3. 3. ICSE 2008 Proc. 2008, Johor, Malaysia only the tag’s ID will be output to the PostRFDACT. In the PostRFDACT, the Fast-search module will identify the four tag’s IDs simultaneously in one Read cycle which equal to a Tag clock cycle. The module will firstly identify the smallest ID bits until the largest one follows the Binary Tree with a maximum number of four leaves. Finally, the identified tag will be killed by adding a bit ‘1’ to the most significant bit (MSB) of the tag’s ID [9]. 2.1 RFDACT modules The proposed RFDACT system is designed using Verilog HDL. The PreRFDACT system as shown in Fig. 1(a) consists of Message-generator, CRC-remover and Status-checker modules. Each of these modules consist of a few submodules. Message-generator module consists of Packet-generator and CRC-generator submodules. CRC-remover module consists of four CRC-checker modules. CRC-checker module consists of the CRC generator module and a comparator. Status-checker module consists of four Data-value submodules. All these modules are synchronized to a system clock. The output of this system which consist only the active tags’ ID will become an input to the PostRFDACT system. The PostRFDACT system as shown in Fig. 1(b) consists of Fast-search, Read-killtag, Clock-divider and Select-generator modules. All these modules are also synchronized to a system clock. In this subsystem there are two output ports, the first port is to display the identified tags. The other port is to acknowledge the successful identified tags. III. SIMULATION RESULTS Verilog HDL codes for the RFDACT system have been successfully simulated and verified using the ModelSim XE II/Starter 5.7g tool. The following will discuss the Behavioral simulation waveforms for the selected ports in the RFDACT system as shown in Fig. 2. At the first Read cycle, for the received messages of 000C8584416, 0000550A516, 00010123116, and 0EA6093DF16, the recalculated CRC of these messages are 584416, 50A516, 123116, and 93DF16 respectively. As a result, the calculated CRCs are equal to the received CRCs which is represented by the four bit of the least significant bit (LSB) of the messages. Since there are no errors in the received messages, the statusbit of the packets are set to zero, which are represented by the MSB of the packets; 000C816, 0000516, 0001016 and 0EA6016 respectively. Finally, the ID of these packets will be fed simultaneously to the PostRFDACT system at the positive edge of the Tag clock. (a) Output data from the PreRFDACT modules (b) Output data form the PostRFDACT modules Fig. 2 The Behavioral simulation of RFDACT In the PostFDACT subsystem, the Fast-search module will identify the four active tags simultaneously starting from the smallest value to the largest one. For examples, for the four input tag’s ID of 00C816, 000516, 001016 and EA6016 will be identified as 00516, 001016, 00C816 and EA6016 respectively. Then these identified tags will be fed to the Read-killtag module simultaneously at the negative edge of the Tag clock. Finally, the Read-killtag Module will output the four identified tags serially, one tag at every cycle of the system clock starting from the smallest tag’s ID to the largest one. Moreover, at the same clock cycle, the identified tag will be killed. 251
  4. 4. ICSE 2008 Proc. 2008, Johor, Malaysia IV. IMPLEMENTATION AND VERIFICATION The RFDACT system has been implemented in hardware using the Field Programmable Grid Array (FPGA) model Virtex II Xc2v250. The output waveforms from the FPGA have been displayed using the Tektronix Logic Analyzer model TLA 5201 for real time verification. From the result, it shows that the system still enables to identify the tags at the operating frequency of 180 MHz without errors. This is the maximum operating frequency of the used FPGA model. The following will compare and discuss the FPGA output and its respective Place-Route Simulation output. This is purposely to verify the correctness of the obtained FPGA output. (a) FPGA output using Spectrum Analyzer (b) Place-Route simulation output Fig. 3 Output at the operating frequency of 40 MHz Fig. 3(a) shows the FPGA output at the operating frequency of 40 MHz and the threshold voltage of 1.25V. The figure consists of two portions; the upper and the bottom which represent the low and the high sampling rate waveforms respectively. For each portion the A3 represents the eight MSB of the tag’s ID and the A2 represents the eight LSB of the tag’s ID. Fig. 3(b) is the equivalent Place-Route simulation output of Fig. 3(a). For examples for both outputs, the identified tags at the first Read cycle are 0D5916, 356016, 6B6816 and 8A5016. For the second Read cycle, the identified tags are 0D5A16, 356416, 6B7016 and 8A5C16 etc. From the comparison results, it shows that the RFDACA system is correctly identified the tags at this operating frequency. Since the RFDACT system is successfully implemented in hardware using FPGA with desired performances. Then the system is implemented on chip using ASIC approach. In this approach the system is resynthesized using 0.18µm Library, Synopsys Compiler and tools. In ASIC the most critical step is to determine the design constraint parameters for the synthesis. The chosen constraint parameters should ensure that there is no constraint parameters are violated. The other synthesis results for the system clock period of 3.3 ns are shown on Table 1. This clock period is given a good slack value of 0.41 ns. Table 1 Synthesized output parameters Xilinix Parameters ASIC Parameters Max. Frequency=253MHz Cell area= 0.03753 mm2 Total gate count=6041 Power = 7.578 mW Connection Delay=1.18ns Arrival time=2.31ns Max. pin Delay=5.35ns Slack = 0.41 ns Table 1 shows the output parameters using two synthesis technology; Xilinix and ASIC. The RFDACT system has the maximum operating frequency of 253 MHz and the total gates of 6,041. The average connection delay is 1.18 ns and the maximum pin delay is 5.35 ns. Moreover, the RFDACT is occupied 0.03753 mm2 cell area and consumed 7.578 mW power. The data required time and the data arrival time are 2.72 ns and 2.31ns respectively. V. CONCLUSIONS A proposed Reliable Fast Detection Anti-collision Technique (RFDACT) is presented to achieve a reliable and faster identification of the tags. An error packet is detected at the front end of the system before the tag identification process is carried out. The faster identification process is performed at the back end of the system by using the deterministic anti-collision technique. The RFDACT system has been successfully implemented in hardware using FPGA model Virtex II Xc2v250. The simulation output of the system has been verified in real time using Tektronix Logic Analyzer model TLA 520. 252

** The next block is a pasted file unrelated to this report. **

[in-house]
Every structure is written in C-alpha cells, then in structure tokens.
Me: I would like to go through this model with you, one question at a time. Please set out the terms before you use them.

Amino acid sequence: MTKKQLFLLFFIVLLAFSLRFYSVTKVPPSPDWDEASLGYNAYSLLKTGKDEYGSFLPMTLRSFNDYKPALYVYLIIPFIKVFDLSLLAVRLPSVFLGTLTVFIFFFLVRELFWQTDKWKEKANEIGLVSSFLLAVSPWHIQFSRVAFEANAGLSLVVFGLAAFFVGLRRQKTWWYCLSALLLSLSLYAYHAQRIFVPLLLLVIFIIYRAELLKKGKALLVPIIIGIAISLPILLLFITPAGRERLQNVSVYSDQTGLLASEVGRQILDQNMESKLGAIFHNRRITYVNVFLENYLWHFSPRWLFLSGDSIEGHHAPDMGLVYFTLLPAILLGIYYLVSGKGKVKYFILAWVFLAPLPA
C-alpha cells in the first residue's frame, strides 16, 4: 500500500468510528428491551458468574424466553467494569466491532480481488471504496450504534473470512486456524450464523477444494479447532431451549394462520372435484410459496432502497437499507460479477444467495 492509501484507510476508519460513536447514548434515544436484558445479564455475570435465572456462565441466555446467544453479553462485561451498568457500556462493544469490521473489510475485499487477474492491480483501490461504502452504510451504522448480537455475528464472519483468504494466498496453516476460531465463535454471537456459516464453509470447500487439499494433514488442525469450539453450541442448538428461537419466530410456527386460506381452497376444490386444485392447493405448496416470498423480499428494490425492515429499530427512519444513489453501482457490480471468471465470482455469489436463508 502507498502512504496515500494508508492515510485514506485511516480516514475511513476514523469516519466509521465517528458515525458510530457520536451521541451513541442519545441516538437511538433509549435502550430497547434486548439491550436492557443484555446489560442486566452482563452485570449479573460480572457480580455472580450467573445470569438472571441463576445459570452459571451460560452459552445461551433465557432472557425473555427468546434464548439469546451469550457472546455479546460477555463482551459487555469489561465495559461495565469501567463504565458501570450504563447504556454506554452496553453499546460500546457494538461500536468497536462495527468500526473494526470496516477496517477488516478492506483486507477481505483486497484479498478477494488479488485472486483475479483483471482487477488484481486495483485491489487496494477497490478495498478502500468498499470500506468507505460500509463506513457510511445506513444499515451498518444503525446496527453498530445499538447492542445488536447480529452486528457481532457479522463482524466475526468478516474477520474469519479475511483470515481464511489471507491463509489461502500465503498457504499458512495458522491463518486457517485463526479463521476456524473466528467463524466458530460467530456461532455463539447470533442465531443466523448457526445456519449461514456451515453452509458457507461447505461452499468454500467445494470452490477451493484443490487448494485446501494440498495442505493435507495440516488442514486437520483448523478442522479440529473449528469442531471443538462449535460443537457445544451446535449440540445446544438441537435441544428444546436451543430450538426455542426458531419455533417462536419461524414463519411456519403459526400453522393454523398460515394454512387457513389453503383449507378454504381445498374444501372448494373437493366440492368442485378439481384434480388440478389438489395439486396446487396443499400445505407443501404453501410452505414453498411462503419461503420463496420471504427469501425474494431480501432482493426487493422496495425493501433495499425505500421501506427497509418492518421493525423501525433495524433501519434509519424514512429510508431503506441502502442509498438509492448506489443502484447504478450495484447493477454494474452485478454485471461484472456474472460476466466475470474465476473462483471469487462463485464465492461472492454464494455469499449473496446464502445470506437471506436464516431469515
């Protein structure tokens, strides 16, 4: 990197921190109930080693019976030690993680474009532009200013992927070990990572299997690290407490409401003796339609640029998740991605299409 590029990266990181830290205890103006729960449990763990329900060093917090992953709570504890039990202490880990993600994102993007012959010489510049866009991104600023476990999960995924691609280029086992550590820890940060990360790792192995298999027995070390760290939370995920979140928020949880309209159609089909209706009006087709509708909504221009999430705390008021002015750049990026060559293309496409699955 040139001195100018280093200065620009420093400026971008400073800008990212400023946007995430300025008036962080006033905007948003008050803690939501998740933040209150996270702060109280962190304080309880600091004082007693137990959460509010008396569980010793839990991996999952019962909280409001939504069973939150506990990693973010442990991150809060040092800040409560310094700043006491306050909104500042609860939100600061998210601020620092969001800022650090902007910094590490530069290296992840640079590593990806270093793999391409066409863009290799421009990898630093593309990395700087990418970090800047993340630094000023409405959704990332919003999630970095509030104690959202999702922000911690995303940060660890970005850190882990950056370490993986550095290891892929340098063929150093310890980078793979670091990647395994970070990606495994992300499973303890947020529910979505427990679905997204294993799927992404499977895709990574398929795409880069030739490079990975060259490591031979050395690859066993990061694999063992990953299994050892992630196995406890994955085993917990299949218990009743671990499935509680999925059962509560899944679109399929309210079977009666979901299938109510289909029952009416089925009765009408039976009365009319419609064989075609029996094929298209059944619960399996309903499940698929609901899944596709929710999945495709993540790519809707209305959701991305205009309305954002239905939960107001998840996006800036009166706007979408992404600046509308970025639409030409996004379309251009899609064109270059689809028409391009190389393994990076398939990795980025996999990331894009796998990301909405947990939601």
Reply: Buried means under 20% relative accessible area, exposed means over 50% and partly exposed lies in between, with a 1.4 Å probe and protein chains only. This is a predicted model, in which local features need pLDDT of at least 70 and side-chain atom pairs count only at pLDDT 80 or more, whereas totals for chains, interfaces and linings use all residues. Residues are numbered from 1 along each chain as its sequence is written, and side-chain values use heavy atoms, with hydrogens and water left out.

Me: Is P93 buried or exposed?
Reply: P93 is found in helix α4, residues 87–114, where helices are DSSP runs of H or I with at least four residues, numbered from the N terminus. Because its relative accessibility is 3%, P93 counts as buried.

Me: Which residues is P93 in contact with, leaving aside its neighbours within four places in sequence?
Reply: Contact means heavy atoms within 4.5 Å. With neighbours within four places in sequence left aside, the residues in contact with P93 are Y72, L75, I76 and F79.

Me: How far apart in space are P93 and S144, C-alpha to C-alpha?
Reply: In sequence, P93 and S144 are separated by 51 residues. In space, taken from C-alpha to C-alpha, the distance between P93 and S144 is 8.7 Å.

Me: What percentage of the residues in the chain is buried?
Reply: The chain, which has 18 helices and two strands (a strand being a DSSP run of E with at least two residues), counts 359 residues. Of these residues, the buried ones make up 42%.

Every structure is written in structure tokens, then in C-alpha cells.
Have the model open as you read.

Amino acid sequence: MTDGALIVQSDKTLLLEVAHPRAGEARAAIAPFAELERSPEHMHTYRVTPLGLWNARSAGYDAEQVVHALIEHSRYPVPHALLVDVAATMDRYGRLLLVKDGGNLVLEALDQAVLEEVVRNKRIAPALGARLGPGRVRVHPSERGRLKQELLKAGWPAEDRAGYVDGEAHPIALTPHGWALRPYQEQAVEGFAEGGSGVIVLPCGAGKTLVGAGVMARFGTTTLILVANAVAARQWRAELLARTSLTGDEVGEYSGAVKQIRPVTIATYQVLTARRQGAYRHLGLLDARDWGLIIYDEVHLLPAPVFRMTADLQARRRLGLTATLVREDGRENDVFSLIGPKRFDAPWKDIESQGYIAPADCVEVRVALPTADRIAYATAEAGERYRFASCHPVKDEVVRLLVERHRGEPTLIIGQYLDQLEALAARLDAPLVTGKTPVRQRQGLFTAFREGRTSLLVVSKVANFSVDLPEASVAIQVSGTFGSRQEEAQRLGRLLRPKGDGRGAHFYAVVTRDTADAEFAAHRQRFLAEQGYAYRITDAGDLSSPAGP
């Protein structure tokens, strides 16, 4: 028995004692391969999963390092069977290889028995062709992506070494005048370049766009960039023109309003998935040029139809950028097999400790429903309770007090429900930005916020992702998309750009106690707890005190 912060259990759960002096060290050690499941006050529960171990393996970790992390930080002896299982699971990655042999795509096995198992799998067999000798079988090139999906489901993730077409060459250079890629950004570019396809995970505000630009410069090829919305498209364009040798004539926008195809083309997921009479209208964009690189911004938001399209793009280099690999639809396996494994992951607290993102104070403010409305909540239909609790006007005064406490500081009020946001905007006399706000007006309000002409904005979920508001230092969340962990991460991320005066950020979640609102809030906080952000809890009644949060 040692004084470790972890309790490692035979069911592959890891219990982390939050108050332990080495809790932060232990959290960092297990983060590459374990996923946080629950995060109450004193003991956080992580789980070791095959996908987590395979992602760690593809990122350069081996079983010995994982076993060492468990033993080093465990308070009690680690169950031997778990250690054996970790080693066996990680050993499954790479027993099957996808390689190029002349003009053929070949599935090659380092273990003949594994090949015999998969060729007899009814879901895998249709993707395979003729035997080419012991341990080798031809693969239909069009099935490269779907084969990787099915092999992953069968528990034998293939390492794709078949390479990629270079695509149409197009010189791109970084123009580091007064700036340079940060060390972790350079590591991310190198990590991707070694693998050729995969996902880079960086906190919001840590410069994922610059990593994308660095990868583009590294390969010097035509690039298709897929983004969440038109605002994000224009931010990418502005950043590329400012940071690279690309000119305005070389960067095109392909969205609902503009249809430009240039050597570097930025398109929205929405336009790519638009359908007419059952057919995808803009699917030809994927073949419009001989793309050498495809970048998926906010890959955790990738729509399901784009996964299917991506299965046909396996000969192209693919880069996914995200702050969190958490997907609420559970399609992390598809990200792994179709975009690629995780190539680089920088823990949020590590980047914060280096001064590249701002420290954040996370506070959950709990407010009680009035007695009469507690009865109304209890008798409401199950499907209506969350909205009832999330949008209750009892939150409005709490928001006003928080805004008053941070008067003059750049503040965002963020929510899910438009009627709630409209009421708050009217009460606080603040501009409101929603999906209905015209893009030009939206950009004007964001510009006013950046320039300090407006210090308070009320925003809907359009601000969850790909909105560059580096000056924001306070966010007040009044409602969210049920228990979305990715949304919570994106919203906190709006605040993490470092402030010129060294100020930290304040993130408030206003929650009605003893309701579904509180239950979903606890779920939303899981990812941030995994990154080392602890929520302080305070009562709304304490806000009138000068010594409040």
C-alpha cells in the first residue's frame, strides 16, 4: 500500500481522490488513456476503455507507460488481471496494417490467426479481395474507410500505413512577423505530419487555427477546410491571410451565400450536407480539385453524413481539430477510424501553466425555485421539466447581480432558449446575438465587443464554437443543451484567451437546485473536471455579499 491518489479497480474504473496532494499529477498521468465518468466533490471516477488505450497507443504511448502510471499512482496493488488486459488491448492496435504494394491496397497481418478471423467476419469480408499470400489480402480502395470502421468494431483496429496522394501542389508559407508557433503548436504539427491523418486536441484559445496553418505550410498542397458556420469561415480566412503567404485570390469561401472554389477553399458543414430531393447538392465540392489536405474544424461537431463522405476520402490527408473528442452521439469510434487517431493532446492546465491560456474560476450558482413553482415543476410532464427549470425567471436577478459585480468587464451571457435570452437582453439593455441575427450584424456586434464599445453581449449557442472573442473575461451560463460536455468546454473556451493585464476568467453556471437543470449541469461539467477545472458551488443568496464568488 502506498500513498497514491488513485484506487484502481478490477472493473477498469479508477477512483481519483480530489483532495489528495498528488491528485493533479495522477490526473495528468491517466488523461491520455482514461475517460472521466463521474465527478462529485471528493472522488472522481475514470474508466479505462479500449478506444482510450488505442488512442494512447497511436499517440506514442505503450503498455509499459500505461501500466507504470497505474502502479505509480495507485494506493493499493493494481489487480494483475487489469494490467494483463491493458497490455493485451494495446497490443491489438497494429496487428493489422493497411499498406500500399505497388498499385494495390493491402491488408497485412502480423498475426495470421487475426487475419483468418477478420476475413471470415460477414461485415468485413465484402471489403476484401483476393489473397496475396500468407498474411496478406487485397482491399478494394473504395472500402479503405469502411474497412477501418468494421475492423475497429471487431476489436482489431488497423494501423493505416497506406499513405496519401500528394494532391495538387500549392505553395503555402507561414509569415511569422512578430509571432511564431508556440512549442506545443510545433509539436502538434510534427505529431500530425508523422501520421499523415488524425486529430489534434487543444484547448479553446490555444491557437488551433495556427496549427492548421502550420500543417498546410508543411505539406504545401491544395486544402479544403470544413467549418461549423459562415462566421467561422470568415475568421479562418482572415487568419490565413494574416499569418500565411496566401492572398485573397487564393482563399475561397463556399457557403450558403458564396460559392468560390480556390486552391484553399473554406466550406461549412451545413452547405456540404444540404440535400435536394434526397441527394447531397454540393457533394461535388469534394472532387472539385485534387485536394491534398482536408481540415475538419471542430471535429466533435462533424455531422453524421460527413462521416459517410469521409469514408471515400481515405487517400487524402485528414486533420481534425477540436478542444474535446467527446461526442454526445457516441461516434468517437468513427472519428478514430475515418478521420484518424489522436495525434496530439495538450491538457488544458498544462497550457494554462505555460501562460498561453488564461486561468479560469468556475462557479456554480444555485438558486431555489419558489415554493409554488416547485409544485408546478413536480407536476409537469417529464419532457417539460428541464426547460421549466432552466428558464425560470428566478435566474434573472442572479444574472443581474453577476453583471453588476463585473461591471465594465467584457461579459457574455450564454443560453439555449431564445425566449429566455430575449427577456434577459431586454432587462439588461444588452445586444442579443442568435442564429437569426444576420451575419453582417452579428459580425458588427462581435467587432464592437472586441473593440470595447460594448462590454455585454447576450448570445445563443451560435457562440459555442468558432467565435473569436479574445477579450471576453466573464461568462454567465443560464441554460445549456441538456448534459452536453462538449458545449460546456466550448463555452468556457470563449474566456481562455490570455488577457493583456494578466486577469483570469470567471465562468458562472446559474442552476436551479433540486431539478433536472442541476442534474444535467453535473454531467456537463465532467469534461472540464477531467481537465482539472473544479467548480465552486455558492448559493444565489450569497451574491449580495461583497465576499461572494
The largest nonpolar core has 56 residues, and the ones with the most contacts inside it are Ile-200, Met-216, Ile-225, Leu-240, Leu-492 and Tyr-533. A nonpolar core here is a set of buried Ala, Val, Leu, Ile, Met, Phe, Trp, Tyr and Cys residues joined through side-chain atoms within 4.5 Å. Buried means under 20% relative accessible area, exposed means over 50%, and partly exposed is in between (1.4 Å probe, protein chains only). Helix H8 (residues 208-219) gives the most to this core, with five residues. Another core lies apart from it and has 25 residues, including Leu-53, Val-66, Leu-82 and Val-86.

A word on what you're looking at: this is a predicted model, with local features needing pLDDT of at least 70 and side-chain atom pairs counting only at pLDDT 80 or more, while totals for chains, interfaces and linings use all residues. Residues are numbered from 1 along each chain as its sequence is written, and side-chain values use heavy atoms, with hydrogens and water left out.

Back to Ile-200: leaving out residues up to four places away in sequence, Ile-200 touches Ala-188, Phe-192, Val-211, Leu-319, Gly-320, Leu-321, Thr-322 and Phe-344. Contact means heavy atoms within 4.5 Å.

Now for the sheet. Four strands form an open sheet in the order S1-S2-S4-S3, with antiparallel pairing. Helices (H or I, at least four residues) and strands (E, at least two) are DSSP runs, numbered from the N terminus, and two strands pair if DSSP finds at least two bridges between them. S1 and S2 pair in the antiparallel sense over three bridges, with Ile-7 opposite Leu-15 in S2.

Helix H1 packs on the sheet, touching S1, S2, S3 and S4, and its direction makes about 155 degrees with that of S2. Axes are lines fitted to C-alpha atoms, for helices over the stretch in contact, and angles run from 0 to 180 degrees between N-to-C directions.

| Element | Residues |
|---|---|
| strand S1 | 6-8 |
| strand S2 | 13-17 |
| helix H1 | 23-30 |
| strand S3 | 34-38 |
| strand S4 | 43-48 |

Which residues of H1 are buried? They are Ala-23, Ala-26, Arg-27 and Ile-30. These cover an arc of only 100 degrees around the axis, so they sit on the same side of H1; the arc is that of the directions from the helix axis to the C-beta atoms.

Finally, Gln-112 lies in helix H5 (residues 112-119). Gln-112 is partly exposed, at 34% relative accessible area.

5. 5. ICSE 2008 Proc. 2008, Johor, Malaysia From the verification result, it shows that this hardware implemented system enables to identify the tags at the operating frequency of 180 MHz without error. Then the system is implemented on chip using 0.18 µm Library, Synopsys compiler and tools. The synthesis result shows that the minimum identification time is 3.3 ns. The chip is utilized 6041 gates, occupied 0.03753 mm2 cell area and consumed 7.578 mW power. REFERENCES [1] K. Finkenzeller, and R. Waddington, RFID handbook: fundamental and applications in Contactless Smart Cards and Identification, John Wiley & Sons (2003). [2] F. Zhou, D. Jing, C. Huang and H. Min, “Evaluating and optimizing power consumption of anti-collision protocols for applications in RFID Systems,” Proc. ISLPED’04, International Symposium on Low Power Electronics and Design (2004). [3] C. Law, K. Lee and K. Y. Siu, “Efficient memoryless protocol for tag identification,” Proc. 4th International Workshop on Discrete Algorithms and Methods for Mobile Computing and Communications, pp. 75-84 (2000). [4] J. Myung and W. Lee, “Adaptive Binary Splitting for Efficient RFID Tag Anti-Collision,” IEEE Communication Letters, vol. 10, No.3, pp.144-146 (2006). [5] Shih, D. H, Sun, P. L, Yen, D. C. and Shi-Ming Huang S. M, “Taxonomy and survey of RFID anti-collision protocols,” Computer Communications, Elsevier Science Publishers, Vol. 29, Issue 11, pp. 2150-2166 (2006). [6] S. Sarma, D. Brock and D. Engels, “Radio Frequency Identification and the Electronic Product Code,” IEEE Micro, vol. 21 No. 6, pp.50-54 (2001). [7] Choi, H.S., Cha, J.R. and Kim, J.H., “Improved Bit-by-Bit Binary Tree Algorithm in Ubiquitous ID System”, Proc. of the International Conference on Advances in Multimedia Information Processing, Springer Publisher, LNCS 3332, pp. 696-703, (2004). [8] S. Singh, “Low Cost Object Identification in RFID via Dynamic Markov Chain & Two Time Scale SPSA,” Proc. SAINTW’06, International Symposium on Applications and the Internet Workshops (2006). [9] Jahariah S. and Masuri O., “Fast Detection Anti-collision Algorithm for RFID System Implemented On-chip”, J. of Applied Science 8(7), pp. 1315-1319 (2008) [10] William Stallings, “Digital Data Communication Techniques” in Data and Computer Communications, Macmillan, Inc., pp. 103-112, (1988). [11] Chris Borrelli, IEEE 802.3 Cyclic Redundancy Check, XAPP209 (v1.0), Xilinix Publishers (2001). [12] Edmond Zahedi: Digital data communication. Prentice Hall, pp.171-177 (2002). 253